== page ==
To do Ablaufen, you need his sword. You also need it to be directed strongly towards you or somewhere else. If you pre-disengage you are doing Zucken. Ablaufen means to let it run off with a strong link to "water (river, rain etc.) running off". Something that ain't there, can not run off.

How do you see Umbschlagen? I personally see it as basically Twerhaue to the other side, with the short edge or flat (flick) in the horizontal plane.


Umbschlagen (striking over (to the other side)) is the general principle of changing attacks from inwendig to auswending (inside to outside) and can be done with Oberhau and Twerhau attacks as well as others like, as you correctly mentioned, the Schneller (flick). It is often used to describe what is happening while another technique is used: Wenn du mit der Twer umb schlägst (as phrase often seen in Meyer) -> When you with the Twer strike over.


Thanks for your thoughts on Umbschlagen. Regarding Ablaufen: To clarify, when I said "...from a bind that is about to occur.", I meant this less as in it's a handwork that is done without blade contact, and more to say that it is done as soon as the blades clash. Thus, in practice, I often (perhaps wrongly? what's your opinion?) start the preliminary mechanics of Ablaufen as soon as I see that a certain type of favorable bind is about to occur. The contact still occurs, but in the contact, his blade almost immediately runs off mine.
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Re: Meyer's Ablauffen

Postby Ben Floyd » Fri Apr 19, 2013 11:09 am

Dustin Reagan wrote:Thanks for your thoughts on Umbschlagen. Regarding Ablaufen: To clarify, when I said "...from a bind that is about to occur.", I meant this less as in it's a handwork that is done without blade contact, and more to say that it is done as soon as the blades clash. Thus, in practice, I often (perhaps wrongly? what's your opinion?) start the preliminary mechanics of Ablaufen as soon as I see that a certain type of favorable bind is about to occur. The contact still occurs, but in the contact, his blade almost immediately runs off mine.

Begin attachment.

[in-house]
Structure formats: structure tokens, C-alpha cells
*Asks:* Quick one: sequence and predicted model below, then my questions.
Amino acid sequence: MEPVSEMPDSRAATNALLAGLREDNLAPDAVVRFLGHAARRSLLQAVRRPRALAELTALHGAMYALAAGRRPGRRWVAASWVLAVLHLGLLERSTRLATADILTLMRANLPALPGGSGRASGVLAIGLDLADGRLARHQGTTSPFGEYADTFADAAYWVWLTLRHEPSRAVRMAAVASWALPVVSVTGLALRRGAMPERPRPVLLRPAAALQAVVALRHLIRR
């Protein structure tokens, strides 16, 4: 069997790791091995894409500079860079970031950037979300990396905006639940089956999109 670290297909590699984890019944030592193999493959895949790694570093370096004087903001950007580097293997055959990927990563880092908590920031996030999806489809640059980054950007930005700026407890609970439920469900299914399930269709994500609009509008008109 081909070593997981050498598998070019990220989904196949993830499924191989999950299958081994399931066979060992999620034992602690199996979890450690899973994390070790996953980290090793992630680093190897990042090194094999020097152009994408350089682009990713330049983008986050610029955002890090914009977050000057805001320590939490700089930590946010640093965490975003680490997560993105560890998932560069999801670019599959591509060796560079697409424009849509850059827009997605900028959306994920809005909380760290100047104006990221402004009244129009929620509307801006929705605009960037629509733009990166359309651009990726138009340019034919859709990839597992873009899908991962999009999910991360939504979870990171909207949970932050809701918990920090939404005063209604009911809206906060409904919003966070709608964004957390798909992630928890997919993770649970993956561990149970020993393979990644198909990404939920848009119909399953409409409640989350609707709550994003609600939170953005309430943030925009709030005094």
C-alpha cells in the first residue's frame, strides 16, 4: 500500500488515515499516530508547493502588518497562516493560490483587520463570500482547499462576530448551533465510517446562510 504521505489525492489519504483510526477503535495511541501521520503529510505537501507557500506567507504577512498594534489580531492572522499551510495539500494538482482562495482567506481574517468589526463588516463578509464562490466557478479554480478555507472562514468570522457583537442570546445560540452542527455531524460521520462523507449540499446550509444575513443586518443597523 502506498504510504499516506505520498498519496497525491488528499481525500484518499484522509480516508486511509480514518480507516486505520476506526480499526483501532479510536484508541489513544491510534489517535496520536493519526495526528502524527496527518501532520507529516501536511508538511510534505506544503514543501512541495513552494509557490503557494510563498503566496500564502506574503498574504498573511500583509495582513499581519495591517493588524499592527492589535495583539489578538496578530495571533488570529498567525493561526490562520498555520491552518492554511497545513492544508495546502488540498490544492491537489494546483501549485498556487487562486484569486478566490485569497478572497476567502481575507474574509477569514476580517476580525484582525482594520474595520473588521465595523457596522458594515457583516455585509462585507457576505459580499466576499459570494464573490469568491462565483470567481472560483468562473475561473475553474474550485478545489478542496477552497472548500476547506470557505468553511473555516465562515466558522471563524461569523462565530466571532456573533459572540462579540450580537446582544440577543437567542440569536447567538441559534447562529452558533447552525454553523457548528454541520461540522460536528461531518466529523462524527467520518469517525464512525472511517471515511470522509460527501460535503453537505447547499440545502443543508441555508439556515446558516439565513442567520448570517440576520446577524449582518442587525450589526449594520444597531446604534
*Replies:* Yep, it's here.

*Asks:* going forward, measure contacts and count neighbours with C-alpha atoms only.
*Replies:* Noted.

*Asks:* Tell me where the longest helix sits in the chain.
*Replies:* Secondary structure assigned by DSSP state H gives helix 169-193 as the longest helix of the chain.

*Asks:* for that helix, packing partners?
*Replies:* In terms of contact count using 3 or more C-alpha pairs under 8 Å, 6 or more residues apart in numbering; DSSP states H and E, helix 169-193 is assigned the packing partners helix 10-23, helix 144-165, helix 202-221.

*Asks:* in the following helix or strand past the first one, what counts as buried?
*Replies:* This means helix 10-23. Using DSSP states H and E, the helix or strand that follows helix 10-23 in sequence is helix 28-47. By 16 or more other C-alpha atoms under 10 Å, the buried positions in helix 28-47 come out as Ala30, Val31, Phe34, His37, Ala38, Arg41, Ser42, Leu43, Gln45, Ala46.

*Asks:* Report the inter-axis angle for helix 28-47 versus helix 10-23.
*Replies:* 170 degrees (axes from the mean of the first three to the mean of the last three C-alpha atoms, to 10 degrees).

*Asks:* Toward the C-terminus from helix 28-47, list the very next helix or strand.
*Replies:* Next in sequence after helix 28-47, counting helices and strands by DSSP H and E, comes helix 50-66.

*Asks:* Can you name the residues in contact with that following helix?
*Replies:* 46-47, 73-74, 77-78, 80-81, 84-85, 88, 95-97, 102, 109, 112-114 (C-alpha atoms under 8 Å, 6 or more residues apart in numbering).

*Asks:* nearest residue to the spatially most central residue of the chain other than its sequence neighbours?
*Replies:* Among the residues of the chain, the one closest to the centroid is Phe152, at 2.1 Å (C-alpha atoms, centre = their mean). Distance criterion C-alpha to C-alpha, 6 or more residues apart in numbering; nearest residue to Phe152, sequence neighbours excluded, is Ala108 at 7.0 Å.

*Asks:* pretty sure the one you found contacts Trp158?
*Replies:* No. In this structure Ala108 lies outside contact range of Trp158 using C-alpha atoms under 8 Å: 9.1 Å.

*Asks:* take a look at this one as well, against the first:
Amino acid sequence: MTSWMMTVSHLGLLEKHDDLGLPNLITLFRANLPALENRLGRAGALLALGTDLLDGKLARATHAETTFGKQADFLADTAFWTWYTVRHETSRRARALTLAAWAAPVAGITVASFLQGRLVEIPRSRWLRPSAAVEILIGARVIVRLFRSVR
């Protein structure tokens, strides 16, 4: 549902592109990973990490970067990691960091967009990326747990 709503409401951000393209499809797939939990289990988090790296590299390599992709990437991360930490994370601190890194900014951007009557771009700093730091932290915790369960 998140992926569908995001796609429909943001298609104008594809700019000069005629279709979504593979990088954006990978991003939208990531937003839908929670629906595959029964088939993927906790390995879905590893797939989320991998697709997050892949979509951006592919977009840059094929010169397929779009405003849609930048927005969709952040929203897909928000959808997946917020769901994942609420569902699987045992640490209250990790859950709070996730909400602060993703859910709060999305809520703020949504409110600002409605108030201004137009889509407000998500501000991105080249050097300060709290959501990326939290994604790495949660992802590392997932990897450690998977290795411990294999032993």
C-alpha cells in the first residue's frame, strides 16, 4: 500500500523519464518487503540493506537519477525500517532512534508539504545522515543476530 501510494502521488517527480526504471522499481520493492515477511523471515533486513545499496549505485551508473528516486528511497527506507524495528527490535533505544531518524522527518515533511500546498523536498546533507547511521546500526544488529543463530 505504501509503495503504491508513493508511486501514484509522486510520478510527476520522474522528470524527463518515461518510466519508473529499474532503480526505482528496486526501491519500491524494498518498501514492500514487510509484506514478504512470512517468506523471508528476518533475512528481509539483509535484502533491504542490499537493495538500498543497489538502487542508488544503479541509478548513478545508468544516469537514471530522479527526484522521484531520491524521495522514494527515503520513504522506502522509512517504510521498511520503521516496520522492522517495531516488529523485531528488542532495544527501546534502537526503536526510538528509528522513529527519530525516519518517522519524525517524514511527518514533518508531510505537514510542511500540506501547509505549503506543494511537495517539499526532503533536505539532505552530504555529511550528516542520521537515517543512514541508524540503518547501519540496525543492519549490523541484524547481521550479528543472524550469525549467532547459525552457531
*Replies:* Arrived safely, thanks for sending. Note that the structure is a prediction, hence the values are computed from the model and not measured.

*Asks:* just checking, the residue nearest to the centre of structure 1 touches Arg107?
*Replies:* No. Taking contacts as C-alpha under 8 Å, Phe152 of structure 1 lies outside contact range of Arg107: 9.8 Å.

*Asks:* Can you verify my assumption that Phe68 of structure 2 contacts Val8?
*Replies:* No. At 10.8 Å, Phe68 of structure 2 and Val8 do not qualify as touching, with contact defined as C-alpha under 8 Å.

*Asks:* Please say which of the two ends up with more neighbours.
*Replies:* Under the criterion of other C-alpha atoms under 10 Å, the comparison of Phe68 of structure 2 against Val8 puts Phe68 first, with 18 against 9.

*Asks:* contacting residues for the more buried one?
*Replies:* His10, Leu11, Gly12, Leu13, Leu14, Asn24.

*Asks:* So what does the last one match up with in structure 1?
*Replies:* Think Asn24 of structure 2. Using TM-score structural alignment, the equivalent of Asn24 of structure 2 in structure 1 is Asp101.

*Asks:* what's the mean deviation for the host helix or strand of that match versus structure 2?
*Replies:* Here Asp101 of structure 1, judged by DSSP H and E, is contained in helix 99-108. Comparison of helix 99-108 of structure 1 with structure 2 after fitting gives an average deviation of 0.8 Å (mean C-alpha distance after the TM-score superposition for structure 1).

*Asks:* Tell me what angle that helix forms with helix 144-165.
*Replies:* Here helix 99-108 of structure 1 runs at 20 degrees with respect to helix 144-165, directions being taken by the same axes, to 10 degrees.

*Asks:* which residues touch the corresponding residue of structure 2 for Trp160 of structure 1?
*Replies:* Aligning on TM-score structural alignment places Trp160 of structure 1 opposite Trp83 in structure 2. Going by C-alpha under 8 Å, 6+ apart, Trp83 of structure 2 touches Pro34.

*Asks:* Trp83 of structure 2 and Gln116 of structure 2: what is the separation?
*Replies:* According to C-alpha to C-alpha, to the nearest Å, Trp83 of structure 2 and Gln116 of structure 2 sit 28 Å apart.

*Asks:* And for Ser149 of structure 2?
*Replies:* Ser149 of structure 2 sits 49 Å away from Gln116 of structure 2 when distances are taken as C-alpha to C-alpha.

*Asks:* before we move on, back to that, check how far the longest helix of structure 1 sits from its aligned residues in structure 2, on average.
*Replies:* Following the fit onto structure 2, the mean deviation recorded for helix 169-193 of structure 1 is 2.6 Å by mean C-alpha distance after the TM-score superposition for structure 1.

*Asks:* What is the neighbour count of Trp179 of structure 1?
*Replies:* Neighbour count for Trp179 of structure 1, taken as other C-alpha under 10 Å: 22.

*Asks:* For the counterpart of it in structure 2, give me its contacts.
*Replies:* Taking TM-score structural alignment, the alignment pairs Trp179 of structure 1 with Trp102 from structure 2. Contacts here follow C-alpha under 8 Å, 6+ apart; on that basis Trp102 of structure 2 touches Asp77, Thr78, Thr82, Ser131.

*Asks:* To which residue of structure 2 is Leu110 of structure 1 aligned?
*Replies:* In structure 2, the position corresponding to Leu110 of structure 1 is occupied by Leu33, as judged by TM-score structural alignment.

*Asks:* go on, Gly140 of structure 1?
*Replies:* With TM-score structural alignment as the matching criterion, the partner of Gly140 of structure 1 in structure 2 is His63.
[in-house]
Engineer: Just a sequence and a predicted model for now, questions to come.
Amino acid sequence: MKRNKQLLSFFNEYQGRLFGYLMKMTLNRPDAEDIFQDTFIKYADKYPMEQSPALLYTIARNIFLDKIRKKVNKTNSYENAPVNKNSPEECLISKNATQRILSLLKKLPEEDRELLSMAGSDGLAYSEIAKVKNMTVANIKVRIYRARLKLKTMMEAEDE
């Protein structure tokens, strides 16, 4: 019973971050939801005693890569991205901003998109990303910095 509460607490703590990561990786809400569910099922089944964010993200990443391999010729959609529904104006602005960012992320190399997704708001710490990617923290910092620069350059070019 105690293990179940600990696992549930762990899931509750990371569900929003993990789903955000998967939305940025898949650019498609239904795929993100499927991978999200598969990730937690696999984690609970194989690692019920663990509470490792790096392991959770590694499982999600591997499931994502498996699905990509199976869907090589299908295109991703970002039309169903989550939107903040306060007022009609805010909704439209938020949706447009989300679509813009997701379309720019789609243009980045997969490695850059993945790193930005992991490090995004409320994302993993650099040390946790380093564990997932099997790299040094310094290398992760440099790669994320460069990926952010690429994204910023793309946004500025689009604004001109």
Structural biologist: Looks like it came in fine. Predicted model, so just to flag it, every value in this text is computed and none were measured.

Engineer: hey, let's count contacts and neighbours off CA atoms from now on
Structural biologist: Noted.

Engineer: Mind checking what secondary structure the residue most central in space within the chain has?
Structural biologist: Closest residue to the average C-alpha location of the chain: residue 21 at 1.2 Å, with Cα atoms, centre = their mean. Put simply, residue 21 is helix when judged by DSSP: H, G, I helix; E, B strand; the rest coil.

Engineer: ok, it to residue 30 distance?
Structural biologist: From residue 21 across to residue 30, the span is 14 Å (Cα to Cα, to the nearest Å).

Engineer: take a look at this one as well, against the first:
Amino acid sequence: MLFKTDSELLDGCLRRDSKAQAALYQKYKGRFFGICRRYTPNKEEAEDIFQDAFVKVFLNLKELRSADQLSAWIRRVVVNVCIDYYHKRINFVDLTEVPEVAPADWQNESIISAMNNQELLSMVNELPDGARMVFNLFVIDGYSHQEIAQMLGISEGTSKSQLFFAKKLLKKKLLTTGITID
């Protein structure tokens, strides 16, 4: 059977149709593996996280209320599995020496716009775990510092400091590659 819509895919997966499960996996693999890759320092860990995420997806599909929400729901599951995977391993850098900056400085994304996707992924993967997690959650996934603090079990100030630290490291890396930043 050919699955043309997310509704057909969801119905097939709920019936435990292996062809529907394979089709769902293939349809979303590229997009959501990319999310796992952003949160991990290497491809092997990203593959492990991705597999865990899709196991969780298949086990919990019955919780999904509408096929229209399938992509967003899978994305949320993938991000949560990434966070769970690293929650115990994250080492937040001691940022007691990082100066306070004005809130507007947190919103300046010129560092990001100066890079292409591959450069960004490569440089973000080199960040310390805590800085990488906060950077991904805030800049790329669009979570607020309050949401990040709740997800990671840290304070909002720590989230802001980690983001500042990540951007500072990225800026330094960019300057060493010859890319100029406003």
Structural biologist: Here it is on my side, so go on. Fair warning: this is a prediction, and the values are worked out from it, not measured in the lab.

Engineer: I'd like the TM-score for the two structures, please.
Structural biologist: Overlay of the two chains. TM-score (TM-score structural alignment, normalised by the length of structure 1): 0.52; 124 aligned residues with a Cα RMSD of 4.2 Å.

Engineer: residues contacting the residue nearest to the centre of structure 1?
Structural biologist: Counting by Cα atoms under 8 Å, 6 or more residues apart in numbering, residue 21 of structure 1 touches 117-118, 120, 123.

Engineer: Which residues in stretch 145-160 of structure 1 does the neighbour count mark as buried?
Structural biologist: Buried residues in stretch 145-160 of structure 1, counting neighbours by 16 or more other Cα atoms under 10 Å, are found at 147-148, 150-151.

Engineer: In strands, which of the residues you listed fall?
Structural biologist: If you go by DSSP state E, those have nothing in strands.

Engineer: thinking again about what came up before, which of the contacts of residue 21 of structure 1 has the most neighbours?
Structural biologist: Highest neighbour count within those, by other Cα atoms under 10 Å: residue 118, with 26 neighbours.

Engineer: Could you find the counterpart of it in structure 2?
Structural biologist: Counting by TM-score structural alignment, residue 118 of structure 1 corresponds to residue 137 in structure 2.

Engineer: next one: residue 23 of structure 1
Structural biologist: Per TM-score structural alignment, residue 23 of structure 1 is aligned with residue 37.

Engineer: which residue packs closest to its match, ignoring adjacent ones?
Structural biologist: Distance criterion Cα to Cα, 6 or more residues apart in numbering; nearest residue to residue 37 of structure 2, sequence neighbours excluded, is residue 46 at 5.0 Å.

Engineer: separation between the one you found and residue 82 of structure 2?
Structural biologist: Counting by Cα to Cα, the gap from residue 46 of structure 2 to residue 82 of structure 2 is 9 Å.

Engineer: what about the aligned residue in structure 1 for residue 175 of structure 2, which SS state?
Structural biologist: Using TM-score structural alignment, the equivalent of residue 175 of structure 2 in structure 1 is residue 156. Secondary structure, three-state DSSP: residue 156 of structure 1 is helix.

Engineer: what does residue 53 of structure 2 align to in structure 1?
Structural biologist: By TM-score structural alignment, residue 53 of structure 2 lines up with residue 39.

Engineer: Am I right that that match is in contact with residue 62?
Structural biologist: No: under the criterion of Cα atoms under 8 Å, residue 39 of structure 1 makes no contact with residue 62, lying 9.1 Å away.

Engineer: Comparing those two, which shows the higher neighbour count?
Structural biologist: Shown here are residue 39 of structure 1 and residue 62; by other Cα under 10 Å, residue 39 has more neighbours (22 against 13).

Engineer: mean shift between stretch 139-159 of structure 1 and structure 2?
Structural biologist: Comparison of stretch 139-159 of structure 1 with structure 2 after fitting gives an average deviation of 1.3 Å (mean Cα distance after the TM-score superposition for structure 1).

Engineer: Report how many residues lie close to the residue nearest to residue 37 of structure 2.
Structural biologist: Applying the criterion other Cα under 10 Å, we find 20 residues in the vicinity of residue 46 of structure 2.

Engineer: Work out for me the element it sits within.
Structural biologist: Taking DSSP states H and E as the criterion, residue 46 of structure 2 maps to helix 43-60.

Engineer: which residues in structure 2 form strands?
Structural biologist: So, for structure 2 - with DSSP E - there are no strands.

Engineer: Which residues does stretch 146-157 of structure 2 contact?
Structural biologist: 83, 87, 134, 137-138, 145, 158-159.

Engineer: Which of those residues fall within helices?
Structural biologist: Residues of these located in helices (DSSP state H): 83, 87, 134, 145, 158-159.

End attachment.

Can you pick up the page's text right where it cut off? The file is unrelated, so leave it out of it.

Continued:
This sums up how I feel about it. If I see someone going to defend strongly against my cut, I'll use ablaufen to allow them overcommit to it. I want blade contact, but it shouldn't be much presence there to stop them. The blade contact gives me time to abort if they aren't doing what I thought they'd do.

I really like using it with the thrust more, though. I've been planning on making a video this weekend about how to perform absetzen or ablaufen against a zorn. If they continue with the zorn to your head, you perform the absetzen easily. If they see the point incoming and set it aside, you ablaufen. This gives you the Vor, effectively. It's a very high percentage stuck for me.

The way I do it gives you a lot of time with fuhlen on the blade to determine your action, but really he tells you how he wants to be hit. :P
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Re: Meyer's Ablauffen

Postby Darijan R. » Sat Apr 20, 2013 12:25 am

Dustin Reagan wrote:
Thanks for your thoughts on Umbschlagen. Regarding Ablaufen: To clarify, when I said "...from a bind that is about to occur.", I meant this less as in it's a handwork that is done without blade contact, and more to say that it is done as soon as the blades clash. Thus, in practice, I often (perhaps wrongly? what's your opinion?) start the preliminary mechanics of Ablaufen as soon as I see that a certain type of favorable bind is about to occur. The contact still occurs, but in the contact, his blade almost immediately runs off mine.


Yeah, Indes and stuff right? :D